Ok forget the spaghetti sauce analogy. I suppose everyone’s different. But for me it was just a natural progression. Juice buckets got my foot in the door.
And for some, like my old man, decent juice wine was enough and he was content. For others who get bit by the bug, never satisfied and always working on improving. This year I rented a crusher- took over the driveway. Then rented a bladder press - just did it up. And freakin loved it. Romance + potential. I always looked forward to juice bucket season. But now I feel like a kid on Xmas awaiting grape season.
 

mainshipfred

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Got it, didn't take into consideration with grapes you are fermenting on the skins which probably makes a big difference. Also, you have more control of the process. No telling what would have been added to the juice. Right now I'm thinking of Cab and Malbec with grapes and a Merlot ( I not a huge fan of straight Merlot but it's good for blending) and a white bucket. Can't come soon enough, getting kind of bored just racking and testing. Can't bottle again until February or March.
 

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Along those lines, where does a guy living in Maryland get his hands on Chilean grapes when they become available this spring? I've found Chilean juice suppliers in Annapolis and California grape suppliers in Baltimore, but alas, no Chilean grape suppliers within a reasonable distance...just those far and away in NJ, OH, etc. Any Ideas on getting actual Chilean grapes in the Mid-Atlantic area?
 
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Ajmassa

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. Right now I'm thinking of Cab and Malbec with grapes and a Merlot ( I not a huge fan of straight Merlot but it's good for blending) and a white bucket. Can't come soon enough, getting kind of bored just racking and testing. Can't bottle again until February or March.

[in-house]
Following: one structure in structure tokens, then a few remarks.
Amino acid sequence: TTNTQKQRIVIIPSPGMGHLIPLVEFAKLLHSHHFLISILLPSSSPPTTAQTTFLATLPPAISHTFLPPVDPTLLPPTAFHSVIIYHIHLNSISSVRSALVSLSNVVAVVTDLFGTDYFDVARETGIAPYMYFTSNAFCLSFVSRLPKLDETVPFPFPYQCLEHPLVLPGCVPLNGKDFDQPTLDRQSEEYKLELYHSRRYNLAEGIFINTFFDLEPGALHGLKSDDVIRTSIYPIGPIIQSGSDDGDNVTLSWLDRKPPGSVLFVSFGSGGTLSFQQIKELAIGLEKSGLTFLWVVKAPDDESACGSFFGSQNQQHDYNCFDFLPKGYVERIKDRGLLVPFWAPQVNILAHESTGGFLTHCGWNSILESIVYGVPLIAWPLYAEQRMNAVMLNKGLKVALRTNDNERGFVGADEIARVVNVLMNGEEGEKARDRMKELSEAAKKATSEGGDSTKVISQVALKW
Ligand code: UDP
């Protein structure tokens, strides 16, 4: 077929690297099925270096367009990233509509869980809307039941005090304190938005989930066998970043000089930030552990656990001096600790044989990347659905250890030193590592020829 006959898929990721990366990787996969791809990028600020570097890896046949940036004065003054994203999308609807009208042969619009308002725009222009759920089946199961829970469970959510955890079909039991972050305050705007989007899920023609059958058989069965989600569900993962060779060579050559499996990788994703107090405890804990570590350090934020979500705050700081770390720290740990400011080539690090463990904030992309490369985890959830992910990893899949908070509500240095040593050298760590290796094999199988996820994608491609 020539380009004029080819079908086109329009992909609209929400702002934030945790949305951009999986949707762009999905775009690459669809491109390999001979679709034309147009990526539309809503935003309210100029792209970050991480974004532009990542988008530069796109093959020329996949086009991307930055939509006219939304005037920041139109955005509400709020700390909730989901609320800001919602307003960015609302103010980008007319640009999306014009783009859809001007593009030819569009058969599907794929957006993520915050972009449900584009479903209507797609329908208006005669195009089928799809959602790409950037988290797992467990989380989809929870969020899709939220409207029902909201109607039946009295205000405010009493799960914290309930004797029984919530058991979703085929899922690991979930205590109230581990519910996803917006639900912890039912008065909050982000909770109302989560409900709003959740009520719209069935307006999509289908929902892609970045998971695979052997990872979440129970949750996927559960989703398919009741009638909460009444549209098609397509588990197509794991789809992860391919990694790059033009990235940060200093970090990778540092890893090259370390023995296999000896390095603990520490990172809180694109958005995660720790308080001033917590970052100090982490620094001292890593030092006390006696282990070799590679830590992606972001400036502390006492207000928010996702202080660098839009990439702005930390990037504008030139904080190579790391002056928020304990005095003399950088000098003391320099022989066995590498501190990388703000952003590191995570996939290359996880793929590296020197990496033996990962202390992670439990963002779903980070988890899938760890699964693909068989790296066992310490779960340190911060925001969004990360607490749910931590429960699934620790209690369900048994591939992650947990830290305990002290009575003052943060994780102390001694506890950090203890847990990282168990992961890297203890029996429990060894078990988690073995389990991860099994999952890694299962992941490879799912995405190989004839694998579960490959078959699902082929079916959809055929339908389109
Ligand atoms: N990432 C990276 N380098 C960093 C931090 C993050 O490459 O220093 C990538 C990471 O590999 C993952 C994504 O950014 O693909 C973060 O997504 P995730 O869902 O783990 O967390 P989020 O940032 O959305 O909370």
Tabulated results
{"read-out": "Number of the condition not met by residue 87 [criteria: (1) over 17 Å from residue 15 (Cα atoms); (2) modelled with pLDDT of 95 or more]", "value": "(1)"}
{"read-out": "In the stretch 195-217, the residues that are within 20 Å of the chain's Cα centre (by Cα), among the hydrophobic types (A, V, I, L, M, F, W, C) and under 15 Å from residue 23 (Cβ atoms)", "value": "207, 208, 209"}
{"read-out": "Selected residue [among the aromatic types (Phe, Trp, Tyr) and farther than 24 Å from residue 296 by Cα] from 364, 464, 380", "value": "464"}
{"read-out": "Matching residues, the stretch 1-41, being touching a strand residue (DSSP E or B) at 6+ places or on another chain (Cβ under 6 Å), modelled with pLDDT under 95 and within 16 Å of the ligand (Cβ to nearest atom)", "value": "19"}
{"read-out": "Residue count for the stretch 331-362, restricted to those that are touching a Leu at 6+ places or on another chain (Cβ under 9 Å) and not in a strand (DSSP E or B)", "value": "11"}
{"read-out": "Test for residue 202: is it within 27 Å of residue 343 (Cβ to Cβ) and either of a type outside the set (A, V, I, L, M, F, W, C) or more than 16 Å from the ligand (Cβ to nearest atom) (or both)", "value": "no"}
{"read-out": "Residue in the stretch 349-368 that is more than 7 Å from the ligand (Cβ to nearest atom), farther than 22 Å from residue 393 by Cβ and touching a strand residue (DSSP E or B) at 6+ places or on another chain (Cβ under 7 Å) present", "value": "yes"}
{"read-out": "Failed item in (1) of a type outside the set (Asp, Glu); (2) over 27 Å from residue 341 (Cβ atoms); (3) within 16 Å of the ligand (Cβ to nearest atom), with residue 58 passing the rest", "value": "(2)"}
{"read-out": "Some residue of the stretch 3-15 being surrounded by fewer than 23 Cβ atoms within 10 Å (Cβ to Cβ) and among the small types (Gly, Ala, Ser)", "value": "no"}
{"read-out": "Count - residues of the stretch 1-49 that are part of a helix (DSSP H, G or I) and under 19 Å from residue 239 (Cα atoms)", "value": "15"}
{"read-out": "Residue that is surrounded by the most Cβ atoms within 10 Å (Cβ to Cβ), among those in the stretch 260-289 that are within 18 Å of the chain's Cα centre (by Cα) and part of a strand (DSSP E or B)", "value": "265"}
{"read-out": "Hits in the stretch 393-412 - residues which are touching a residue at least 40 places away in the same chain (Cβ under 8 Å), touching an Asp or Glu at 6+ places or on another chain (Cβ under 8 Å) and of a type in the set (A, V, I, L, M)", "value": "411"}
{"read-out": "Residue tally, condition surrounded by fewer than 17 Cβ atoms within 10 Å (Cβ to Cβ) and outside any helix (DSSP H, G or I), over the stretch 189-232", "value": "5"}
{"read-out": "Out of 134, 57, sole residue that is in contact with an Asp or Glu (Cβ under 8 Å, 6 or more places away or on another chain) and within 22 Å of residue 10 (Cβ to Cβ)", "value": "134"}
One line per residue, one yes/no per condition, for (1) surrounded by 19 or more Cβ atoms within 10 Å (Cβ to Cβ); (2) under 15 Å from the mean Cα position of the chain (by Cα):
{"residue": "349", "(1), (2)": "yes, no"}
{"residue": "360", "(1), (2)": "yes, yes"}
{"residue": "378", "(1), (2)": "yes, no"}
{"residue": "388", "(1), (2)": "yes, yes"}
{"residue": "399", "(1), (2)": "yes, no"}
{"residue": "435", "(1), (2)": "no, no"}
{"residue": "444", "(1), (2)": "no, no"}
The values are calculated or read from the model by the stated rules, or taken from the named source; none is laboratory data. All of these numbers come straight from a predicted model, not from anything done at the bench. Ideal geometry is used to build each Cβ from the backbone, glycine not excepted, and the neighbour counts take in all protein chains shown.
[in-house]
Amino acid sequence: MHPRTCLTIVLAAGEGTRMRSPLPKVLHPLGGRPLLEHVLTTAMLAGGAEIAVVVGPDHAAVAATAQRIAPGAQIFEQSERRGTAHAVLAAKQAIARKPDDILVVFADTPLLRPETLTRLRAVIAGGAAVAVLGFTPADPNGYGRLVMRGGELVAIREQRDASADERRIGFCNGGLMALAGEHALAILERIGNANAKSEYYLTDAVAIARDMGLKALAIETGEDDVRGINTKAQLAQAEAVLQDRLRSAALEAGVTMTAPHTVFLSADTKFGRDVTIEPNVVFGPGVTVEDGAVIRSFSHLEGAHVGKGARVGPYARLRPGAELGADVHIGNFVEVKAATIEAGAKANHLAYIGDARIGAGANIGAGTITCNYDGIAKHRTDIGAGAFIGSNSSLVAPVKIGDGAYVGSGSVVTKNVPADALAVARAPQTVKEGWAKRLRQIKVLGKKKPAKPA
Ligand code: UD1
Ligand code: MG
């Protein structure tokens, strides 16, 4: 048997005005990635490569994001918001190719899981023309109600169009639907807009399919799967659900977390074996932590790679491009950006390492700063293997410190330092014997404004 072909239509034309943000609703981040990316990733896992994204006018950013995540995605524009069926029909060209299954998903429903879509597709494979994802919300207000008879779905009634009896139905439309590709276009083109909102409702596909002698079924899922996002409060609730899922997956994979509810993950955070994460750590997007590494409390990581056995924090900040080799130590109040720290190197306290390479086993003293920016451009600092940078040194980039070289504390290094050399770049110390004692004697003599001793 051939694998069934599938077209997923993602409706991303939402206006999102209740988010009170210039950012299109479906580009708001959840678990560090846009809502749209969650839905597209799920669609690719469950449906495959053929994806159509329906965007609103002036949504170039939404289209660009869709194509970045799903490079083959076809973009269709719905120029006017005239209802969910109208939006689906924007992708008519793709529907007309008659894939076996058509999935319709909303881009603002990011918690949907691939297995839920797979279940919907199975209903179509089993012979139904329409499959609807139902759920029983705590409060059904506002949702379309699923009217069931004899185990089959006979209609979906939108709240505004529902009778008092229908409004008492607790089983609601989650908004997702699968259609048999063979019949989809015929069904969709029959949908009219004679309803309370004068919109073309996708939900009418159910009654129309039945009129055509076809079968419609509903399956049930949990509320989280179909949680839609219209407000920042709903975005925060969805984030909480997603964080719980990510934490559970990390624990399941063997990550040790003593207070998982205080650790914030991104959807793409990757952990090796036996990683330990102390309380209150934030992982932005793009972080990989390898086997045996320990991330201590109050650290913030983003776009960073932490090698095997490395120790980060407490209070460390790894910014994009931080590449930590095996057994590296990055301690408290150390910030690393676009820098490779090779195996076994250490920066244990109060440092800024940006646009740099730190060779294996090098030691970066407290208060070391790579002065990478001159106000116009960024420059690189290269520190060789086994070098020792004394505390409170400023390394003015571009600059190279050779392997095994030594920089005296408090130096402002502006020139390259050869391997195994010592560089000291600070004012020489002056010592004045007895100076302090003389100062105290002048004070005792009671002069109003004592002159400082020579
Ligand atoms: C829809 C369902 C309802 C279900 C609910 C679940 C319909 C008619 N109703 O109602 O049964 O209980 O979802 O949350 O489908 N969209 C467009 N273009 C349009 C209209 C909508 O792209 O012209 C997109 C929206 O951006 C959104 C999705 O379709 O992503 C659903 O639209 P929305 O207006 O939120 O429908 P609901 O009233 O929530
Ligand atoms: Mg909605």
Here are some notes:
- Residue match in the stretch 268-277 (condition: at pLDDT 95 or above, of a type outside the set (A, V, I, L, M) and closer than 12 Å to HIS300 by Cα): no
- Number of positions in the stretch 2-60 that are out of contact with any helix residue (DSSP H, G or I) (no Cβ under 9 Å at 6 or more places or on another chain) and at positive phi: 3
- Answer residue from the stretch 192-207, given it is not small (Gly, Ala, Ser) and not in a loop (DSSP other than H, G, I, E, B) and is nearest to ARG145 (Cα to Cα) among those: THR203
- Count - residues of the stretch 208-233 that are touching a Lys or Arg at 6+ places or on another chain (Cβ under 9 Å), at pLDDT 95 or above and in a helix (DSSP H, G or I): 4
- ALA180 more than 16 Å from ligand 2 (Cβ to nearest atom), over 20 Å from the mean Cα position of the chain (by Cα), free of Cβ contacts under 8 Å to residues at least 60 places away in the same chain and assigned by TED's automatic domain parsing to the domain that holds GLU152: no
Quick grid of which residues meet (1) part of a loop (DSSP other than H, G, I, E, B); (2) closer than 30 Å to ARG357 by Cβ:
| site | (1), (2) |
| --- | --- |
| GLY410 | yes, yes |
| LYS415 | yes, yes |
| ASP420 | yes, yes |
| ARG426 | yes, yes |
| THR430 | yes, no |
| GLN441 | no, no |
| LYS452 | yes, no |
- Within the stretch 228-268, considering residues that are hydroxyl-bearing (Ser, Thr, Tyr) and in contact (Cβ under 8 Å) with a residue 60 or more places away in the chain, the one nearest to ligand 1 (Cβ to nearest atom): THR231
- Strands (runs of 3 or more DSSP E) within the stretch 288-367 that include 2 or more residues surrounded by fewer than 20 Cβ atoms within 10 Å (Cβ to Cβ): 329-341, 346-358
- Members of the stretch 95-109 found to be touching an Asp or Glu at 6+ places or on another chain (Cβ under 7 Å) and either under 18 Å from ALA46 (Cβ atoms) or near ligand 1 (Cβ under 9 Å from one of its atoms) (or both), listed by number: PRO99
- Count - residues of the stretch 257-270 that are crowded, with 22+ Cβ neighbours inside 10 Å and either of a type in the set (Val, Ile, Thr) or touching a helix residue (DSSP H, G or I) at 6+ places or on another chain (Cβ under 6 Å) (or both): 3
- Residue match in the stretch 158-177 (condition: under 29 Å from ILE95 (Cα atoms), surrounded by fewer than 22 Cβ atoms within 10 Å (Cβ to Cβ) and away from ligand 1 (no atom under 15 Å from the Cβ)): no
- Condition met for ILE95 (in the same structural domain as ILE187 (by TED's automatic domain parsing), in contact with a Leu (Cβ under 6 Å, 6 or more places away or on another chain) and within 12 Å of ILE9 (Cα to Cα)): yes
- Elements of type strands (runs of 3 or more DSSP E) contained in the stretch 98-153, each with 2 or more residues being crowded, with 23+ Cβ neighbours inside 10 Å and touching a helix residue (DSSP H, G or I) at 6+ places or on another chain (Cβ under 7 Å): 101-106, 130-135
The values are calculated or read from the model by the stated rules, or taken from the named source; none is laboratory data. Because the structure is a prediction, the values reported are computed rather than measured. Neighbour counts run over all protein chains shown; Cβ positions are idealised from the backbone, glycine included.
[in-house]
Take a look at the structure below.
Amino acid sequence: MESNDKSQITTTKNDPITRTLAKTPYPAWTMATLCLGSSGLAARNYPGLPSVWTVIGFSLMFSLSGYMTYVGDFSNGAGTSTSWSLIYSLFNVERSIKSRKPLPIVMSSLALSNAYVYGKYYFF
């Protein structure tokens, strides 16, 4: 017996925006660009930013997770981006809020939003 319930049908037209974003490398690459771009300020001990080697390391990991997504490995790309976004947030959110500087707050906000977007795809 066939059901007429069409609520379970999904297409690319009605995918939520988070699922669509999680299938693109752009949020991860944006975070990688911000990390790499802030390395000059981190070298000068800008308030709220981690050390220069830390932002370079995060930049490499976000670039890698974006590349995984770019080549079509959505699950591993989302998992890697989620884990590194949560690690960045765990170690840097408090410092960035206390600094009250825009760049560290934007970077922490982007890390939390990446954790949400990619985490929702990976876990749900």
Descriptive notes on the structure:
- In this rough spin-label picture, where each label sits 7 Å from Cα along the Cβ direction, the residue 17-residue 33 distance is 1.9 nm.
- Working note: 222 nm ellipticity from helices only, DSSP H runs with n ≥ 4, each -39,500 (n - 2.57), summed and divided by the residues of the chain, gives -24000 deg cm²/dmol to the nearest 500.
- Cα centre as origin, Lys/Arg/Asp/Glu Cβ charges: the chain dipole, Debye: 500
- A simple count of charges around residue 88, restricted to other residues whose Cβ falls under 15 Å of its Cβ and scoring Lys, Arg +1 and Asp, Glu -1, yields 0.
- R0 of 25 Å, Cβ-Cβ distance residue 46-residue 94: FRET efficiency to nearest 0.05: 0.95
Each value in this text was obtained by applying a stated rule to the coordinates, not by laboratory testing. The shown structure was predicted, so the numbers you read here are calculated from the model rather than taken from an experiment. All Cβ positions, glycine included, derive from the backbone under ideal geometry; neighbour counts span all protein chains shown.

Last spring I did a grape cab (my 1st grape) and that cab/merlot blended juice pail. So a pretty good side by side comparison. Did the cab 1st and after a light “butt press” used all the skins in the juice.
So far the juice batch is turning out great. All around very good homemade wine. But even with that juice doing so well it’s clear as day and which one is all-grape when comparing.
 

mainshipfred

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Along those lines, where does a guy living in Maryland get his hands on Chilean grapes the they become available this spring? I've found Chilean juice suppliers in Annapolis and California grape suppliers in Baltimore, but alas, no Chilean grape suppliers within a reasonable distance...just those far and away in NJ, OH, etc. Any Ideas on getting actual Chilean grapes in the Mid-Atlantic area?
Harford Vineyards, north of Baltimore. They are not listing this years grapes or pricing yet but they have last years still up to give you an idea.
https://harfordvineyard.com/
 

mainshipfred

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Last spring I did a grape cab (my 1st grape) and that cab/merlot blended juice pail. So a pretty good side by side comparison. Did the cab 1st and after a light “butt press” used all the skins in the juice.
So far the juice batch is turning out great. All around very good homemade wine. But even with that juice doing so well it’s clear as day and which one is all-grape when comparing.
That's an awesome comparison, thanks.
 

Boatboy24

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Along those lines, where does a guy living in Maryland get his hands on Chilean grapes when they become available this spring? I've found Chilean juice suppliers in Annapolis and California grape suppliers in Baltimore, but alas, no Chilean grape suppliers within a reasonable distance...just those far and away in NJ, OH, etc. Any Ideas on getting actual Chilean grapes in the Mid-Atlantic area?
As Fred said, Harford. Nice people and nice product. They make some pretty good wines themselves as well. I'm a huge fan of their Traminette.